Finding space in this moment: a family view of simplicity

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Rosie Lancaster writes about our 2017 theme ‘Embracing Simplicity

Simplicity sounds like one of those far away qualities. It’s something I see in the distance, just out of reach. It’s spacious, pure, light and loose and it is something I want. If I am to move towards it surely I must rid myself of these hindering complexities I have heaped up around me. Surely I can’t find simplicity here; amongst the chaos and clutter of my life. I have a toddler and a newborn and my world is a complex negotiation around nappies, washing, easter bonnets, packed lunches, tears, and hunting for that particular lego man because another lego man just won’t do. Somewhere within this I go for refuge.

The Buddha talked of renunciation being the optimum means by which to move forwards into bliss. Attachment to possessions and the people around us can keep us entrenched in our rigid views of ourselves. Renunciate – go forth, leave the burden behind. I seem to be doing less renunciation and more accumulation of dependent people around me. How do I move forward into renunciation while I have been moving steadily forward into the midst of this family life? I am deepening myself into attachment and routine with little time for retreats, solitude and a regular meditation slot. Plus I am accruing the associated posessions of house, car, car seat, fridge, stuff to put in fridge and so on and so on.

I have been pursuing the spiritual journey, attempting to carve a pathway to liberation that is currently meandering around family life. But I come to realise there is no solo voyage of personal liberation. There is no linear trajectory that takes me away from the life I have already established and the people within it. I can give up my physical cupboards of clutter yes, but there is a deeper question. How do I find simplicity here? I can’t step outside these conditions to find it. This is life and it is only when I let go to that does the very simple nature of reality appear. I am not looking for simplicity. I am embracing what is already here; the simplicity of the true nature of how things are. When I look at my children I see the deeply rooted bonds we have forged. I love them beyond measure. But if I strip away the labels and attachment of what we are to each other, I can see more clearly he is a being and I am a being and we have love for each other. As a being in the world, he will suffer. That is a part of living and I cannot stop his suffering. I cannot stop his dying. He will die and I will die. But what he is now is life; full of potential and feeling and connection with the world. And all I need do is just live and love with him. I cannot control anything else.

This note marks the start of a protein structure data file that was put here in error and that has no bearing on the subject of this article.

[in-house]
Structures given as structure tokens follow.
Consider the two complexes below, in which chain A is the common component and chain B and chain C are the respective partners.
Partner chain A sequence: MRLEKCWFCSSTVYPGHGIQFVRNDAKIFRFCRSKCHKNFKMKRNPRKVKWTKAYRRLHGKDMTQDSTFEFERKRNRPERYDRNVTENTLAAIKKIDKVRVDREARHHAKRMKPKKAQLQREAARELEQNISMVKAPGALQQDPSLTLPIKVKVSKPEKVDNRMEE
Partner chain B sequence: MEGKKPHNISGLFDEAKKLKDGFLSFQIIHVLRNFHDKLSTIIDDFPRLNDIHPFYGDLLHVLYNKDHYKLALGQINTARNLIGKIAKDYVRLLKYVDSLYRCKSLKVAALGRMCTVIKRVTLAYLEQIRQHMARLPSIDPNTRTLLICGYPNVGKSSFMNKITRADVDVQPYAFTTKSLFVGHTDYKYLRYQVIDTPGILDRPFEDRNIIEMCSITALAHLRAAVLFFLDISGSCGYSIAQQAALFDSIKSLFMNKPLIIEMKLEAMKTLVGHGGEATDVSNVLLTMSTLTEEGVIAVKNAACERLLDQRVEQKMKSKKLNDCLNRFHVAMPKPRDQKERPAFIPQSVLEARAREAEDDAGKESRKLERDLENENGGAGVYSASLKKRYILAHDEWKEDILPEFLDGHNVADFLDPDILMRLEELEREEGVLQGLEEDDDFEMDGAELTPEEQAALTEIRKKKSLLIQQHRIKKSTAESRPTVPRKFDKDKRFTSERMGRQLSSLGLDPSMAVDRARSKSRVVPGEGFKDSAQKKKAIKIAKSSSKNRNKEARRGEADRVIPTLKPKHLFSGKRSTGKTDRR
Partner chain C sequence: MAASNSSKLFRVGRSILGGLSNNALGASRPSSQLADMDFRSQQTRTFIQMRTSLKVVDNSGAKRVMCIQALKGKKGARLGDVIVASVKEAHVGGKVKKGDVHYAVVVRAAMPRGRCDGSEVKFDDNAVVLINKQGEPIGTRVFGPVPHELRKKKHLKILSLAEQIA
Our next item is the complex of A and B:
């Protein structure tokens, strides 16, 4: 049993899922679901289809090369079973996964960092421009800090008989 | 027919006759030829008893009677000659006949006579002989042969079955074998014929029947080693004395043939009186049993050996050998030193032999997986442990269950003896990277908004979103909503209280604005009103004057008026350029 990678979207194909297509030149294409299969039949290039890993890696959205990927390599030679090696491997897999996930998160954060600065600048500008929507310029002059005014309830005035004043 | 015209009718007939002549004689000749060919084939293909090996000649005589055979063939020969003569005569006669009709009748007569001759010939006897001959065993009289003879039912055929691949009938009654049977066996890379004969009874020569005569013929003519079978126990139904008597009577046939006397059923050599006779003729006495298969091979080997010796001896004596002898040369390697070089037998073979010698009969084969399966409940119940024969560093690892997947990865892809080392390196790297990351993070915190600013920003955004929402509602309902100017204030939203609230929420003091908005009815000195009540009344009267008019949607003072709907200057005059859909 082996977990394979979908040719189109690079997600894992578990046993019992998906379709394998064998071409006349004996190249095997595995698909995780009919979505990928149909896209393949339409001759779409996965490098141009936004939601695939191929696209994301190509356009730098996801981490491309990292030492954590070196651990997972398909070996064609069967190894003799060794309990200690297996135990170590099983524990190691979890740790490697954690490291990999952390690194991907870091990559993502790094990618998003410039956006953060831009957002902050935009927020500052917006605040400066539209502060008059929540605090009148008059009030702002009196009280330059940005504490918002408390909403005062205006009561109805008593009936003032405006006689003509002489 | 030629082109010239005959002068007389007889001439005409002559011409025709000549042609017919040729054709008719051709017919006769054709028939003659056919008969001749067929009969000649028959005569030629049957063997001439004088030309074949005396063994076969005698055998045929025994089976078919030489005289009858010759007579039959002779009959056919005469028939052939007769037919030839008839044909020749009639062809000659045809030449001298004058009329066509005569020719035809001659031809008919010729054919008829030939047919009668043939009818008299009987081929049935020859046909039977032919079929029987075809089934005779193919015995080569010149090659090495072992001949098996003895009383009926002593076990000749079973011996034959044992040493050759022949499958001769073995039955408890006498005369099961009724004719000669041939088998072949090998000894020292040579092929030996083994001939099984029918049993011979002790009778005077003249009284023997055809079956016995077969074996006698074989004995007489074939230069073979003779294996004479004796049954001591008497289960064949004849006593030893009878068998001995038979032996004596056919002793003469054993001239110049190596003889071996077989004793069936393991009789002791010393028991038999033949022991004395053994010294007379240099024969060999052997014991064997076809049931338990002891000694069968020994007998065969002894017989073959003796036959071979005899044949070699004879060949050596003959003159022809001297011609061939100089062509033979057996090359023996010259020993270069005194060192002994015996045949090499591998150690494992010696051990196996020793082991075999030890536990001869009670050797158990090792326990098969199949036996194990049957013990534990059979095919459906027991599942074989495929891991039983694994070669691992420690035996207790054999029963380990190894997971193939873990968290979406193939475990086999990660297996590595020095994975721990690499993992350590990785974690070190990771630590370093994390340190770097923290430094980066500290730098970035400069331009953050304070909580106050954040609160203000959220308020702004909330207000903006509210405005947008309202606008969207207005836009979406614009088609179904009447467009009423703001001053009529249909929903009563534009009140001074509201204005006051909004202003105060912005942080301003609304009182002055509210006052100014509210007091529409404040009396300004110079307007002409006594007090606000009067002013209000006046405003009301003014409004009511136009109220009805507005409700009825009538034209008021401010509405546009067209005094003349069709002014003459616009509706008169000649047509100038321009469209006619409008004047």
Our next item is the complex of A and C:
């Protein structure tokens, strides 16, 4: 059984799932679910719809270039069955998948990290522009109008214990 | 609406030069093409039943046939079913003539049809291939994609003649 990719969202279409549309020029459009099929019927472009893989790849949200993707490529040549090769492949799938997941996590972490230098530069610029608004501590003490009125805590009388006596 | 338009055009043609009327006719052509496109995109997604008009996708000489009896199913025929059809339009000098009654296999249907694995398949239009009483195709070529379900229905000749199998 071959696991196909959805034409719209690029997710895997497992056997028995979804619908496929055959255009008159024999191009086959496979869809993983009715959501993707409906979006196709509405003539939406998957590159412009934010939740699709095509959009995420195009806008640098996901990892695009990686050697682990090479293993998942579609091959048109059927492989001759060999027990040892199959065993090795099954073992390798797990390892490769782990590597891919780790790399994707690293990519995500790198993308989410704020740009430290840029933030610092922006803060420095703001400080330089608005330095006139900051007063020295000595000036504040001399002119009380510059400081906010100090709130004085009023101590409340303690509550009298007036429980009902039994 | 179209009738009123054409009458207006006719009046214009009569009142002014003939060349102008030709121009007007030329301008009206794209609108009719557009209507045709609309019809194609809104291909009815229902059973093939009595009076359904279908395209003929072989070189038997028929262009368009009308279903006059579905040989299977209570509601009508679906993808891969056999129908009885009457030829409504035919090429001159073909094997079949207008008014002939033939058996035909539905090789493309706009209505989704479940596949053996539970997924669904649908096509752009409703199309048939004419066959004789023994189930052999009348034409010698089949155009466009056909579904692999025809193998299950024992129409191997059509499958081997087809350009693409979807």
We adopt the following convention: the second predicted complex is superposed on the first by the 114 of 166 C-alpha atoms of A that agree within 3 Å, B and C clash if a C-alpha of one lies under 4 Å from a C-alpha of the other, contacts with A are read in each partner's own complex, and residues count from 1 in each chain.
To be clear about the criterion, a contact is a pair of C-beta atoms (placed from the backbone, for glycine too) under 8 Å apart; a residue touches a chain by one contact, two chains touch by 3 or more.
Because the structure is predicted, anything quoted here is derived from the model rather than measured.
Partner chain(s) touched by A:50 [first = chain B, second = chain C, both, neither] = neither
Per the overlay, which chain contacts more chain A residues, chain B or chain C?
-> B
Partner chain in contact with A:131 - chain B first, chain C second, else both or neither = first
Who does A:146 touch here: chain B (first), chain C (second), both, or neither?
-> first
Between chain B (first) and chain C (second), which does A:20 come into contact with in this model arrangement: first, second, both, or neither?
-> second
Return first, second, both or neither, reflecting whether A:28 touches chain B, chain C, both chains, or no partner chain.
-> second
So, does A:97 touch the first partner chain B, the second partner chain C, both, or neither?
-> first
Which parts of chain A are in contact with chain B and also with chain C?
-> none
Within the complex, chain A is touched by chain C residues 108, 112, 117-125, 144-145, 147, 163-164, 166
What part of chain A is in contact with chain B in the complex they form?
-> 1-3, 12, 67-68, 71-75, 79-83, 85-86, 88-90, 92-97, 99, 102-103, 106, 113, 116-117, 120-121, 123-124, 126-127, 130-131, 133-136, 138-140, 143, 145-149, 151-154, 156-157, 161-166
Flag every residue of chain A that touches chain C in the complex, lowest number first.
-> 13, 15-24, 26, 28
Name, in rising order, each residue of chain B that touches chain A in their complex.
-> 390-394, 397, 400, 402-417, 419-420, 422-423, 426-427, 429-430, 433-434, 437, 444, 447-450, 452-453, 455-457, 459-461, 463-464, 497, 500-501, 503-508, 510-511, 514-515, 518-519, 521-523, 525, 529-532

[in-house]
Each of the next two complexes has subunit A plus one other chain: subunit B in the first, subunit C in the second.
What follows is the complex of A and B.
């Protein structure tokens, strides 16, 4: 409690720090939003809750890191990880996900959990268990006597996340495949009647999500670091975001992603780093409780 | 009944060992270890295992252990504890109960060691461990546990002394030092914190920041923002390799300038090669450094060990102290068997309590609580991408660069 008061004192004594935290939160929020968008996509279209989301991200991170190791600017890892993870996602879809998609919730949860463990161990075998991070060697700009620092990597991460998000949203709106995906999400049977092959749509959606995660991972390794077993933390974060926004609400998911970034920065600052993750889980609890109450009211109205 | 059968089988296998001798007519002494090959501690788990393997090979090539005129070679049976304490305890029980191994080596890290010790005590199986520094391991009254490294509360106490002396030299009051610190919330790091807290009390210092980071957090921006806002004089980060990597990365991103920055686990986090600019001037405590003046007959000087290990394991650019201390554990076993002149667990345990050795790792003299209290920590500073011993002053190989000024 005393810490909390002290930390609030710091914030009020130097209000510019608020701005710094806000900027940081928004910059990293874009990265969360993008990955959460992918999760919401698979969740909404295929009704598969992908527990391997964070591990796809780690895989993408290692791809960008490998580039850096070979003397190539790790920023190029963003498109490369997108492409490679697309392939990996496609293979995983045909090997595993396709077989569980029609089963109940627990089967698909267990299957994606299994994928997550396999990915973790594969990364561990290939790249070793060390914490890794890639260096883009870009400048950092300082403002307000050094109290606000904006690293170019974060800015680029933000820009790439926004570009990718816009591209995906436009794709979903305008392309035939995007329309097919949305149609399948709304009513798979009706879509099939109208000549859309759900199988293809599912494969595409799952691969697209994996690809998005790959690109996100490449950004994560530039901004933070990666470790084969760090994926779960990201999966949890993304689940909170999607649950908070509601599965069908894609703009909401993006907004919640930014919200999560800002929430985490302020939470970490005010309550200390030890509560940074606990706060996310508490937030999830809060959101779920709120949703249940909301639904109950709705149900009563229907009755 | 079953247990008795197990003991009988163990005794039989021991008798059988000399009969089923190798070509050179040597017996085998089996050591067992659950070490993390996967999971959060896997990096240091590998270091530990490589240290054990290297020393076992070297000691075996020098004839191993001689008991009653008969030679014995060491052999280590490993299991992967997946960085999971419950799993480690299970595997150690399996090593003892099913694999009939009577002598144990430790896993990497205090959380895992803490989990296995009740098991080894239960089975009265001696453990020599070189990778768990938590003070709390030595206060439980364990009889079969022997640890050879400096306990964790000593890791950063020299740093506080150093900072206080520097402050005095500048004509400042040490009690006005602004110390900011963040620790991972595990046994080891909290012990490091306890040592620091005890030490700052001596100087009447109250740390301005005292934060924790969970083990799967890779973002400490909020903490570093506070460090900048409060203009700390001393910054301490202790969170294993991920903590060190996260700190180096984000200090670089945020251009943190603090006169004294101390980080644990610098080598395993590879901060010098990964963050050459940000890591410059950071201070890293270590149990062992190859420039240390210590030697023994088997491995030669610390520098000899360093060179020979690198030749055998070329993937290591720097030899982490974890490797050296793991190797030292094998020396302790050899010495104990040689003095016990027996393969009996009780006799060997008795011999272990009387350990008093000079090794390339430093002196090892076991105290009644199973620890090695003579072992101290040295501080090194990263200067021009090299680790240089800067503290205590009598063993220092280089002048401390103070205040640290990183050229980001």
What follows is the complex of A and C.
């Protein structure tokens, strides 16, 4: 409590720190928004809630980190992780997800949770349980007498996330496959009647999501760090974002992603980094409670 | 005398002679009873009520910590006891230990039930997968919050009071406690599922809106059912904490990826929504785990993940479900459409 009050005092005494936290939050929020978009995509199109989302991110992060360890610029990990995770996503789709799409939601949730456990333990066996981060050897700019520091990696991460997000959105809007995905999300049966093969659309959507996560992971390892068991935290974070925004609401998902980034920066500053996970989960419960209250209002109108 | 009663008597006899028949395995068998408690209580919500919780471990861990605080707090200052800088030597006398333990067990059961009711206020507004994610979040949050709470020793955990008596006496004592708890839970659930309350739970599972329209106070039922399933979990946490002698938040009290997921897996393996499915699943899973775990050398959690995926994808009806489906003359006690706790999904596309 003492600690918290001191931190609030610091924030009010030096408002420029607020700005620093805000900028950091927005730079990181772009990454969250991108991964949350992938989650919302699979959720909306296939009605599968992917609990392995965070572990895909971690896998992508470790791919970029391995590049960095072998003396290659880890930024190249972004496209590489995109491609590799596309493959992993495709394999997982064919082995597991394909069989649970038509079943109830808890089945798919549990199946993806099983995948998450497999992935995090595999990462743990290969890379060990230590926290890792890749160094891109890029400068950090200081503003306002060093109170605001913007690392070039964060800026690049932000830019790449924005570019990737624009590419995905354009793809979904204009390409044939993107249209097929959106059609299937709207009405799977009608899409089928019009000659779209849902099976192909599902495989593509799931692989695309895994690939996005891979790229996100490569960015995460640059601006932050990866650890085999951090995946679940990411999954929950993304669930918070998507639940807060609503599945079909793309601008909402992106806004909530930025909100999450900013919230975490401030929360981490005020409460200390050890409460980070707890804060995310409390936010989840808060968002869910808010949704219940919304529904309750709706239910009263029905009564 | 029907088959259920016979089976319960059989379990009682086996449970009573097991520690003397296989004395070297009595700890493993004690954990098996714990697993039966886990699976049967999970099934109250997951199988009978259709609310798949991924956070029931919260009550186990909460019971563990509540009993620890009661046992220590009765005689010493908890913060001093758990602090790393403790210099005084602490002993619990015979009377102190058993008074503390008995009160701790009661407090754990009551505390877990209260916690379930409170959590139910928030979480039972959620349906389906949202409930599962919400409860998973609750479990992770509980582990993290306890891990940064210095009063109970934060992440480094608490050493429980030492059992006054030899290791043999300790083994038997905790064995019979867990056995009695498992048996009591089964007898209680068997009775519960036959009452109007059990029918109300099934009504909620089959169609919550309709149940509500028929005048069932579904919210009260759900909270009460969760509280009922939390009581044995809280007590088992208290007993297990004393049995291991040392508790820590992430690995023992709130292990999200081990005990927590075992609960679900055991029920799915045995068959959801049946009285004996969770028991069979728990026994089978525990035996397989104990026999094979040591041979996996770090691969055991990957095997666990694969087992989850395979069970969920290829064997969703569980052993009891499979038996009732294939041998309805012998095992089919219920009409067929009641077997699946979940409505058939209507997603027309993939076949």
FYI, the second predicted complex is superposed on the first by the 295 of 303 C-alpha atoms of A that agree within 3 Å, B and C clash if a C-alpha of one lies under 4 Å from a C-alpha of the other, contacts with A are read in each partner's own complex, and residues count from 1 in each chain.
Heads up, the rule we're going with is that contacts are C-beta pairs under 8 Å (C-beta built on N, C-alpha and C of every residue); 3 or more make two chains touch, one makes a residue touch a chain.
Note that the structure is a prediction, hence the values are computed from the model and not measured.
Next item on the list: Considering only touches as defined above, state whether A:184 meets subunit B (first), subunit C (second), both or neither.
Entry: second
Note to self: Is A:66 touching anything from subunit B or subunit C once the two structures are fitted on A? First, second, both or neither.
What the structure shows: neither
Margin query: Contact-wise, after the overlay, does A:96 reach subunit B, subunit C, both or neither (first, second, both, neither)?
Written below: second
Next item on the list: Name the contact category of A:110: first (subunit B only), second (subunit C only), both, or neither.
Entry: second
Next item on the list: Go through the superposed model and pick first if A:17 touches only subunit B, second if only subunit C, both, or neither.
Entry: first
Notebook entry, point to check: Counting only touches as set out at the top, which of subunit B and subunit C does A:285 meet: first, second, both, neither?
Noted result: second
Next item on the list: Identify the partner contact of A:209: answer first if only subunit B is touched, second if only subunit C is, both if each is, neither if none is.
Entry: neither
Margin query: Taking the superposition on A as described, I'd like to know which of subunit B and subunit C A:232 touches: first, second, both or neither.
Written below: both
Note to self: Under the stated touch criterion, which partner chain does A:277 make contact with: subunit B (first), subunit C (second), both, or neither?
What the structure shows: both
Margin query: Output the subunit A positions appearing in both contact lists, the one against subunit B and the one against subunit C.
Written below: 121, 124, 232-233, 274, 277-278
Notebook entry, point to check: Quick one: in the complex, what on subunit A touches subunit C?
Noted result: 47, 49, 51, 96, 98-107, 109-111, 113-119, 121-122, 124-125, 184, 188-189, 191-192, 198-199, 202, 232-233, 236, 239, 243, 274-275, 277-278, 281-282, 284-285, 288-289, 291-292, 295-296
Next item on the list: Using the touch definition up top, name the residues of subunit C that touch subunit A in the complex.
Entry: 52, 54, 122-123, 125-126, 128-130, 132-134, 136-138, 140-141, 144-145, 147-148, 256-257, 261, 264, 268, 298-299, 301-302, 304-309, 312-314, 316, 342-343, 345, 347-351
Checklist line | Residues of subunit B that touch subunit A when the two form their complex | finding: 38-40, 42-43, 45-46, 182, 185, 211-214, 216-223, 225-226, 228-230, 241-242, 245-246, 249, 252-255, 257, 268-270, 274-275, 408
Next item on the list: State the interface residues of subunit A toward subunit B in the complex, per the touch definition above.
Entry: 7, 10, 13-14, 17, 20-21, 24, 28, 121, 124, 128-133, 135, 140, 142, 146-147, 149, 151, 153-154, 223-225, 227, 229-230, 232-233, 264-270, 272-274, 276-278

Bodhichitta arises in dependence of others. My spiritual practice must exist because of, not despite my chosen, chaotic life and the people I serve within it. The wheel of the dharma did not start to turn until the Buddha began teaching, so it could be said the Buddha became known as Buddha only in dependence of others; through others the teachings emerge. The story of Buddha’s friend Ananda, I find motivating in this context. He dedicated himself to service of the Buddha’s needs and because of this some say he did not progress as quickly as other disciples in gaining credited levels of insight. However, he reliably absorbed the teachings and when the buddha died, Ananda did achieve stream- entry. Perhaps it could be said that during the buddha’s life Ananda’s focus was on service as opposed to an individually led road of practice. Our realisation of the interconnection of all life means there is no individual striving for liberation as there is no liberation separate from others. For Ananda service was one way into this insight. The crisp clarity of simplicity is aready here within us if we can only recognise it is the same for every single being around us too.

When I embrace this realisation life seems so much simpler. That spaciousness I thought was somewhere else, or at least only present when I sat alone, that boundless spaciousness is right here. And I don’t have to find it, I just have to let go into it. Like falling back gently into white cloud. Within the needs of my family, my work, the washing, the cooking, the gardening and the endless tidying is space and calm at every moment. Because all I do is for the benefit of others and thus for the benefit of myself for there is nothing else to do but just love and be. My awakening is not a single-pointed goal, it is an unfolding into the constrictions and muddiness that is right here. Within the chaos is the clarity of reality and the acceptance that nothing can be controlled.


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